Manuel Davy, President and Founder of Vekia.
In recent years, many leading textile brands have accelerated their international expansion. In a time of increasing pressure on selling prices induced by the digitization of trade, retailers will seek to increase their turnover and margin in new areas of mass consumption.
The Middle East, the United States, South America, as well as countries such as India, China and Kazakhstan represent very fast growth markets and strategic development regions. Even with aspirations to expand, it’s a complex process to implement and master. Along with these new regions come some difficulties. Among these and perhaps the most important challenge is the ability to evolve their logistics organization, especially when adapting and managing stock to an international context.
Two Major Issues: Supply Lead Time and Local Specificities
Companies in pursuit of global expansion are confronted with the physical distance between their headquarters and their warehouses from these new markets. In addition to increasing logistics costs (such as transport and customs), the distance causes delays and makes piloting replenishments more complex. It’s imperative that these expanding retailers recognize the local specific adaptions to be made consumption particulars (such as colours, sizes and styles). This results in more references and stocks to be managed.
Local specificities have a heavy impact on demand and consumption peaks. Retailers must respond to seasonal episodes when high demand is concentrated in short time periods.
In the Middle East, the period surrounding Ramadan brings more foot traffic than usual to textile stores. Global stock is mostly sent at the same time and creates a high level of clogging at customs and potential shut down. As a result, retailers are likely to anticipate this peak period to align their supply management, while taking into account of the seasonal delay of deliveries.
The celebrations specific to certain regions of the world are also opportunities to offer promotions and incentives to consume (such as Black Friday in the United States and Singles Day in China). These holidays further emphasize the importance to anticipate precisely.
When a brand expands internationally, a fair demand forecast without overestimating or undervaluing it becomes a complex and raises important themes. The lack of precision can quickly eliminate any hope in developing the company margin. Supply and demand management is often carried out at central headquarters, which can be thousands of miles away. The piloting is delicate without local information or the use of advanced tools.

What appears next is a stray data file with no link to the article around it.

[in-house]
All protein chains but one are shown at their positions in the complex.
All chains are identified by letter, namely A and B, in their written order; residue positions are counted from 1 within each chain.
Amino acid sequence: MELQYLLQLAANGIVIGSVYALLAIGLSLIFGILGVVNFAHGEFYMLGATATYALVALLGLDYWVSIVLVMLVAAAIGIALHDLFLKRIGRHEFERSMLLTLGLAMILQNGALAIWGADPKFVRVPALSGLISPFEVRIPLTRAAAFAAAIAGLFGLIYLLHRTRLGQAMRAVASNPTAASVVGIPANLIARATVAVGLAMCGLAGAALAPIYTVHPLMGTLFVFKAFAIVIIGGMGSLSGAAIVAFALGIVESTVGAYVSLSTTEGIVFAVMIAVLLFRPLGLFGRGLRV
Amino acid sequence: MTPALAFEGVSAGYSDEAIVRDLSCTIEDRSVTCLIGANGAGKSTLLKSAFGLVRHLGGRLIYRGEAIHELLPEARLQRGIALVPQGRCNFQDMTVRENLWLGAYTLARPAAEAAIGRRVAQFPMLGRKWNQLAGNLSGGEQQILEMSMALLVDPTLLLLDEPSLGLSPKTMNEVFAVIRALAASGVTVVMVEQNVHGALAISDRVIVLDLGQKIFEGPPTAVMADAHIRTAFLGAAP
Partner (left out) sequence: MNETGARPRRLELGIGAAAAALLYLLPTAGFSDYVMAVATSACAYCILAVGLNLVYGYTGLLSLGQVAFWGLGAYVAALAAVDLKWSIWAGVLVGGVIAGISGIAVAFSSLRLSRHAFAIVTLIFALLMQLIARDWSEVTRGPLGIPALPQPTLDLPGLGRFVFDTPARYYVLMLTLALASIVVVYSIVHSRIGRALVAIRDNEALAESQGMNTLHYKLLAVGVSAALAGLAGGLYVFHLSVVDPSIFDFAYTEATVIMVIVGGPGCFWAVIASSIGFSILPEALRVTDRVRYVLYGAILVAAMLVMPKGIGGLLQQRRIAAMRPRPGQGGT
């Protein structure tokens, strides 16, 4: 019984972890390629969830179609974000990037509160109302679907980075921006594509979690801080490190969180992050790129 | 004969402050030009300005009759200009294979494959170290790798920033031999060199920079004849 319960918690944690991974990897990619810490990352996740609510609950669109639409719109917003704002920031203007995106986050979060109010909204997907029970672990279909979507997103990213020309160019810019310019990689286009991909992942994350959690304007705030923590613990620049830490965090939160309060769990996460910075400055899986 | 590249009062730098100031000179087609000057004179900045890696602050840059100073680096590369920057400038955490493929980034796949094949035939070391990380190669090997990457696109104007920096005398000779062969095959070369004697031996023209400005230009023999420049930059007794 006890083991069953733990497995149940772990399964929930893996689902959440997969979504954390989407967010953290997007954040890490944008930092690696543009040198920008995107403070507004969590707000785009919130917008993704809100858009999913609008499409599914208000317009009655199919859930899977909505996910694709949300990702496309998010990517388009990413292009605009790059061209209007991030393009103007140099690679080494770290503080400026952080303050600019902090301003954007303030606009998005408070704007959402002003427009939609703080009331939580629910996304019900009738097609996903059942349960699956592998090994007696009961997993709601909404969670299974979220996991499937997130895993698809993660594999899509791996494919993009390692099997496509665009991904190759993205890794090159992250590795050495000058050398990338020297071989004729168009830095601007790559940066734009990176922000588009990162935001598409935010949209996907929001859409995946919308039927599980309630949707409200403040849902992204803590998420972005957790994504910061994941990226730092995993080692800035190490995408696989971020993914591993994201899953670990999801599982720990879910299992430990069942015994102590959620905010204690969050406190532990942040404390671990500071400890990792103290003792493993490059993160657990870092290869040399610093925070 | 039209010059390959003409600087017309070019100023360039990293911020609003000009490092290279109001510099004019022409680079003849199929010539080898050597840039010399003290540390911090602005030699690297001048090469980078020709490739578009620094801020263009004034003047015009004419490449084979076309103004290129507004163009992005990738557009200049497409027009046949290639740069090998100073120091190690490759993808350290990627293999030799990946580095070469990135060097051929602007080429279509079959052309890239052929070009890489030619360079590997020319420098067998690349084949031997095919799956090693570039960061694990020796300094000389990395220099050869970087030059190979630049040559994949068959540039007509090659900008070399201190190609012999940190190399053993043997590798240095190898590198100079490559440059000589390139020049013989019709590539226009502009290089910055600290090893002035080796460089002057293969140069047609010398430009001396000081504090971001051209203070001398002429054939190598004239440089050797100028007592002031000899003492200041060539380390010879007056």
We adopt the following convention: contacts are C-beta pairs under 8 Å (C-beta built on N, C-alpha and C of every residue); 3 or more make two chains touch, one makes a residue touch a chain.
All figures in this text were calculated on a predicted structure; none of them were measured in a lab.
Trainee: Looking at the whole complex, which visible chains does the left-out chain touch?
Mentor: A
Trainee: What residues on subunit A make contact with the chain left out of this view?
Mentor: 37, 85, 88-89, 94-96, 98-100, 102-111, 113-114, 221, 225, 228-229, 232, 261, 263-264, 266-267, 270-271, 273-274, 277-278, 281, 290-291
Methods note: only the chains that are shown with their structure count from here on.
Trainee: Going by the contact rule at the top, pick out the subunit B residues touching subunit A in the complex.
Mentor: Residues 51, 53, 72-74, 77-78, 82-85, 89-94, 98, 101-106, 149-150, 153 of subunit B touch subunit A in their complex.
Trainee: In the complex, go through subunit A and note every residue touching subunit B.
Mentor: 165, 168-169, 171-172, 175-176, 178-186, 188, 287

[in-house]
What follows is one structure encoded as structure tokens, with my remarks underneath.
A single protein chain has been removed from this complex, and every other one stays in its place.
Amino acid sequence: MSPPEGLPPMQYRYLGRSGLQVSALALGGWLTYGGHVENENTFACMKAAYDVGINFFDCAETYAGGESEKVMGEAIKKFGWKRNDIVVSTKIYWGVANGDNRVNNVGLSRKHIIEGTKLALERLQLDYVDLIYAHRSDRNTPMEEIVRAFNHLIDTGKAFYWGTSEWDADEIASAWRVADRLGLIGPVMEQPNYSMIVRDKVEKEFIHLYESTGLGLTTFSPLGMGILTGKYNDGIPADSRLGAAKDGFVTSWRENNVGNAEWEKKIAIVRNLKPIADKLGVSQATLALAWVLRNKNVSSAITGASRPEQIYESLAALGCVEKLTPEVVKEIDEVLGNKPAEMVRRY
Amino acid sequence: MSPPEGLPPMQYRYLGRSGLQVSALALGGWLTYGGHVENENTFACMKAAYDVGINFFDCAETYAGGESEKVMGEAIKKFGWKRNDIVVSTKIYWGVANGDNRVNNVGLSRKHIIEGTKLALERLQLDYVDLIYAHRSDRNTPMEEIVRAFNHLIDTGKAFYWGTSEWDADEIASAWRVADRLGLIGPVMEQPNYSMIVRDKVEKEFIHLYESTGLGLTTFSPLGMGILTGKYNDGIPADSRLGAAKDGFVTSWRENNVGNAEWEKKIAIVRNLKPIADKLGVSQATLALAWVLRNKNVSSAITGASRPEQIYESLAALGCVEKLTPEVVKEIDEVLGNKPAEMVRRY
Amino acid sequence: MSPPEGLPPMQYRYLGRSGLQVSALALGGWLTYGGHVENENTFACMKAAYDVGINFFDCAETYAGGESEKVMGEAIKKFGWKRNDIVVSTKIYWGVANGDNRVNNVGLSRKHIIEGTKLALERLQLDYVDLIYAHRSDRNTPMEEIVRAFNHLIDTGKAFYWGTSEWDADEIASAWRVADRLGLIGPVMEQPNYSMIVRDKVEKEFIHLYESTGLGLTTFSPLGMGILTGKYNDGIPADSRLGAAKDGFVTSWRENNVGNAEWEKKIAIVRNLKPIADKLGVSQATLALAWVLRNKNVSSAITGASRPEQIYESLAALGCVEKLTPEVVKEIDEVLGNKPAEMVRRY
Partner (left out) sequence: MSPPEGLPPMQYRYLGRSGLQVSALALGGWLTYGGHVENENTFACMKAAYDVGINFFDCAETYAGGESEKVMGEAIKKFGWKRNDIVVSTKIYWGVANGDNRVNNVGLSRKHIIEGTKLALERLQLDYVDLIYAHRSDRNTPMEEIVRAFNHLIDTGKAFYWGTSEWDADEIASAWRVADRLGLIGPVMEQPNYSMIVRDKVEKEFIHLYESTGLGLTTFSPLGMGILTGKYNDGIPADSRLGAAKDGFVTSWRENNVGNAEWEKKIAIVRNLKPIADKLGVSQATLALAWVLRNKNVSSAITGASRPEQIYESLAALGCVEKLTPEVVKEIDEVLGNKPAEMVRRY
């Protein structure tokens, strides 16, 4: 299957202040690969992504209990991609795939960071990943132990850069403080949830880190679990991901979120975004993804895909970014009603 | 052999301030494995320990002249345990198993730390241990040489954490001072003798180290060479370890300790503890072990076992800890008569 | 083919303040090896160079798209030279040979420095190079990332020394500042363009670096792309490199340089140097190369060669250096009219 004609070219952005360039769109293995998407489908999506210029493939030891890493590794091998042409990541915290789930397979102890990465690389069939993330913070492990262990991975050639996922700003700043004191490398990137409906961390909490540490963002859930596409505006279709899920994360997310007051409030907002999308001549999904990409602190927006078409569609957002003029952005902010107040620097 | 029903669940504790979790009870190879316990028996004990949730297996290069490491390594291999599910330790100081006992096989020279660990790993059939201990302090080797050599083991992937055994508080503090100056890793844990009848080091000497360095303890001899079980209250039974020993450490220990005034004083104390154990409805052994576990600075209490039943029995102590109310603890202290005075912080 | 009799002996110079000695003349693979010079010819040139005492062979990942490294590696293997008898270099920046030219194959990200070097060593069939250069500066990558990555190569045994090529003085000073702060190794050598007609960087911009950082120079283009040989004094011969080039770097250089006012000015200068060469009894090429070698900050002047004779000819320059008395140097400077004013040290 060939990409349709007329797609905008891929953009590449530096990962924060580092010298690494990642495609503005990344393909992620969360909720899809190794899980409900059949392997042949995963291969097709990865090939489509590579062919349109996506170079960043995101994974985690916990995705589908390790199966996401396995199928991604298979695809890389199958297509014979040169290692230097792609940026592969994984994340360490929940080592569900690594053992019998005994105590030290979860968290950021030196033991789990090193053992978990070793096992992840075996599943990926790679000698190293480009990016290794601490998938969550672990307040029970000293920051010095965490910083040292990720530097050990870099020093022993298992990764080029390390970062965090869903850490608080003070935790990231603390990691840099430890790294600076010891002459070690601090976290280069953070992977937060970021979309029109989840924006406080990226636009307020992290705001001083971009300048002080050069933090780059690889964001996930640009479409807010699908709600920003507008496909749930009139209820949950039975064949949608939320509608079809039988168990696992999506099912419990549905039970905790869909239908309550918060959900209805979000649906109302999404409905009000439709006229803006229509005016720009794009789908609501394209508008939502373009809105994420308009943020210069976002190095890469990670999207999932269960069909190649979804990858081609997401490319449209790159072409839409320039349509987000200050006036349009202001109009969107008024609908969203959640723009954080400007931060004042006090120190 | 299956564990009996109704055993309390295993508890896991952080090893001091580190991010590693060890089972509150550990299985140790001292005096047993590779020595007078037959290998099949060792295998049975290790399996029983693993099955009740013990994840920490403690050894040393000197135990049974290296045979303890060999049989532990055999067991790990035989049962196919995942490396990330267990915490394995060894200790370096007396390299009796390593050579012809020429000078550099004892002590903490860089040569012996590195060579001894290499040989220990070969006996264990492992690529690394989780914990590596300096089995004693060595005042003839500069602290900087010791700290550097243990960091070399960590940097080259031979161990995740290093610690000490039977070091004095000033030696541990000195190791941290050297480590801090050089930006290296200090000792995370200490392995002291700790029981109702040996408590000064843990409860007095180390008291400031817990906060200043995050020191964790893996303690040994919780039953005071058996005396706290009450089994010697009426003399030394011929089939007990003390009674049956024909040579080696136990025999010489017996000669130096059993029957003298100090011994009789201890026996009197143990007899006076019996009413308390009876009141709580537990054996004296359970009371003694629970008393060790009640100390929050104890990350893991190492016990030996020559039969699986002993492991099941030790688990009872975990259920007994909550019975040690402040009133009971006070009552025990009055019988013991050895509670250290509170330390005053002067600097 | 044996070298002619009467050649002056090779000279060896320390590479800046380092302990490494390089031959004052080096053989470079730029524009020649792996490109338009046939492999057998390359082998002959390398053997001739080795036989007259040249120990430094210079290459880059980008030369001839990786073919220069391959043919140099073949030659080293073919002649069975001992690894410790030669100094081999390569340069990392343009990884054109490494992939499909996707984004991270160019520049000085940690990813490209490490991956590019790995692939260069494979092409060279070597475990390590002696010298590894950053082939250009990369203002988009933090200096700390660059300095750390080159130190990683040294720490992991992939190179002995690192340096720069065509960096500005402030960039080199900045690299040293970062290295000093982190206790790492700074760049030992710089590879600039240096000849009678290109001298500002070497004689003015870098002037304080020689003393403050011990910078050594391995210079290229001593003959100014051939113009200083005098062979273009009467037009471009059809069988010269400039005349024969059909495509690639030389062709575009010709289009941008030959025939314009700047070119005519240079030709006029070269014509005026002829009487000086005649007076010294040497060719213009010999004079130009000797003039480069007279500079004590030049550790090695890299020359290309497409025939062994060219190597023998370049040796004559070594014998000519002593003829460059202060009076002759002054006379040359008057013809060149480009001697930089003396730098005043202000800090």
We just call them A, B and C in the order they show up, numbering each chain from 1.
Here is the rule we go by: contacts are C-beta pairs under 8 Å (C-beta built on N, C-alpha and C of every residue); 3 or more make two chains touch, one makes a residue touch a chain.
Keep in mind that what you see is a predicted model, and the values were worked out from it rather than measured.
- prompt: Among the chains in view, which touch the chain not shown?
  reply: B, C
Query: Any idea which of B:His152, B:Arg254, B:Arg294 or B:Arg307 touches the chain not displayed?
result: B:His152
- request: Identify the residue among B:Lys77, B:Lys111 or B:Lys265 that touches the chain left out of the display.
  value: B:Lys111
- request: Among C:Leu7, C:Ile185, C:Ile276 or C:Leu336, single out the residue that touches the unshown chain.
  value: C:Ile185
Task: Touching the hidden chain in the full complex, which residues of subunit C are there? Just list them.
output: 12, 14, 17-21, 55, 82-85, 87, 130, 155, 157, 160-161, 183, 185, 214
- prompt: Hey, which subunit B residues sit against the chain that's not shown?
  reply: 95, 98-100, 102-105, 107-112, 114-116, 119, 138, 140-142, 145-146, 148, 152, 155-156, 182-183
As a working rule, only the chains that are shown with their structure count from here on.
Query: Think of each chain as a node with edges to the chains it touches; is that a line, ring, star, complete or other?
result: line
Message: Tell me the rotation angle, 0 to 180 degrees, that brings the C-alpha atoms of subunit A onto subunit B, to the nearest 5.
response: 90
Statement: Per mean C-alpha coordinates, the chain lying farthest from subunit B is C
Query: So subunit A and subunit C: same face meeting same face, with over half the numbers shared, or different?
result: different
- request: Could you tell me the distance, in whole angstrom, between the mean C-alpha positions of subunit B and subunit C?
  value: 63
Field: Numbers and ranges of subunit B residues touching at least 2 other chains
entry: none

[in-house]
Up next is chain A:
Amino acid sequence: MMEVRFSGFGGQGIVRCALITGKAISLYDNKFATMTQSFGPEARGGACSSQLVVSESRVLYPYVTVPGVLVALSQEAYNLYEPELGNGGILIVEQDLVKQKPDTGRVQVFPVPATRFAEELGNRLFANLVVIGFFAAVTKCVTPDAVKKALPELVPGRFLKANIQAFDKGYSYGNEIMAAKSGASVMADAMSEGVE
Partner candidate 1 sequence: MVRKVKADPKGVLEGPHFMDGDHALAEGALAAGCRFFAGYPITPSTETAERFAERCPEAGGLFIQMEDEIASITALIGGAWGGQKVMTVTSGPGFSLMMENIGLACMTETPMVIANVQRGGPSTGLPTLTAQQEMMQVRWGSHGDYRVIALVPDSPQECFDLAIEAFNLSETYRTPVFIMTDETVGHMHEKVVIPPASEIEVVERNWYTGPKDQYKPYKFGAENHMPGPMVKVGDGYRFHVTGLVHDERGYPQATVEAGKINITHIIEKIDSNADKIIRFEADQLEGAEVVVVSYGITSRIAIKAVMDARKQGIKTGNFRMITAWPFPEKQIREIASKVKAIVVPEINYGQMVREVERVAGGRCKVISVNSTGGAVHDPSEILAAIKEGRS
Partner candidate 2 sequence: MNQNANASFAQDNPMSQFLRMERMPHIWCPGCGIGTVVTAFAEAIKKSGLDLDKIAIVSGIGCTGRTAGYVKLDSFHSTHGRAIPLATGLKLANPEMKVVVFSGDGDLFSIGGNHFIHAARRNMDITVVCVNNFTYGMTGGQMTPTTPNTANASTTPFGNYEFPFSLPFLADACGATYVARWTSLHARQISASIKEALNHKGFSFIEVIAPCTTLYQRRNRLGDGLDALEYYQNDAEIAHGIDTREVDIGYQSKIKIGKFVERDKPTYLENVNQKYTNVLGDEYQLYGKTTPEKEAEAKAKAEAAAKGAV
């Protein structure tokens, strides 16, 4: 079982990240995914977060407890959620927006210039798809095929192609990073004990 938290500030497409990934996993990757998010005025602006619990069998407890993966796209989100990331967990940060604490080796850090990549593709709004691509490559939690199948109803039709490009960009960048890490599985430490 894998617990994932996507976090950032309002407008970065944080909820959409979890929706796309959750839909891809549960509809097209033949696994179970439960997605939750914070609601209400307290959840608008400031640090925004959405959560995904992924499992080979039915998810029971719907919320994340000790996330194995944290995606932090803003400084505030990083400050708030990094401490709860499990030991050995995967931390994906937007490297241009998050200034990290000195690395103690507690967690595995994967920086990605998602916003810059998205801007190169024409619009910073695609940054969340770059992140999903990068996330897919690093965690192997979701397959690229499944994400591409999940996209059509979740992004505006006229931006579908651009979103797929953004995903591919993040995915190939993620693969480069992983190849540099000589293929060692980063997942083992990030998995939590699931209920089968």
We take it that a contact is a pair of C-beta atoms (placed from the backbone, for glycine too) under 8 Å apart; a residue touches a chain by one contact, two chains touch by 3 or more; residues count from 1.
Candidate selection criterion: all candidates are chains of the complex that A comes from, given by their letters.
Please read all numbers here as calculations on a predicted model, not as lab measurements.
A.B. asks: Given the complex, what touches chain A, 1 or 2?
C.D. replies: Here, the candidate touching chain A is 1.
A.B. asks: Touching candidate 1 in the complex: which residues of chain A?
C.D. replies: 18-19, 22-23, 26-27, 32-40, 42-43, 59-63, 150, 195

These points can be handled by the organization, specifically the correspondents attached to the supply chain organization, as well as the main territories. Technology has an important role and can easily bridge the gap of geographical distance between headquarters and correspondents.
Machine Learning at the Service of Advanced International Logistics
The new world of trade and distribution is now governed by “Big Data”, which is often defined around the V4S Model:
- Volume (for the constantly increasing amount of information)
- Variety (because the broad nature of the data).
- Veracity (because data is always partially erroneous)
- Value (because data is a great added value for the company)
- Speed (because data is collected, analysed and evaluated in real time)
These data allow a more accurate and more thorough knowledge of consumption habits to better anticipate them, provided they have the right tools to analyse them.
A few weeks ago Korean prodigy, Lee Sedol’s world-renowned victory in the “Google AlphaGo” game, named him best player in the world. This illustrates the immense progress of AI and its capacity to analyse situations of great complexity in a controlled time (to the game of go, the number of combinations to be explored with each shot amounts to 10170).
Managing a Supply Chain internationally means managing a number of factors and combinations. The AI contributions made of have become indispensable. Anticipating timely shipments is one of the keys to the success of international development. The capability of forecasting demand as closely as possible while taking into account all local characteristics and constraints is imperative. It is also necessary to define the shipments and orders to be made each day by integrating all the specific complexities and real world constraints such as production capacity, transport, preparation, reception, cash management and coherence of supply.
Fine-tuning the flow in near-real time with maximum decision-making support is precisely what Machine Learning is capable of.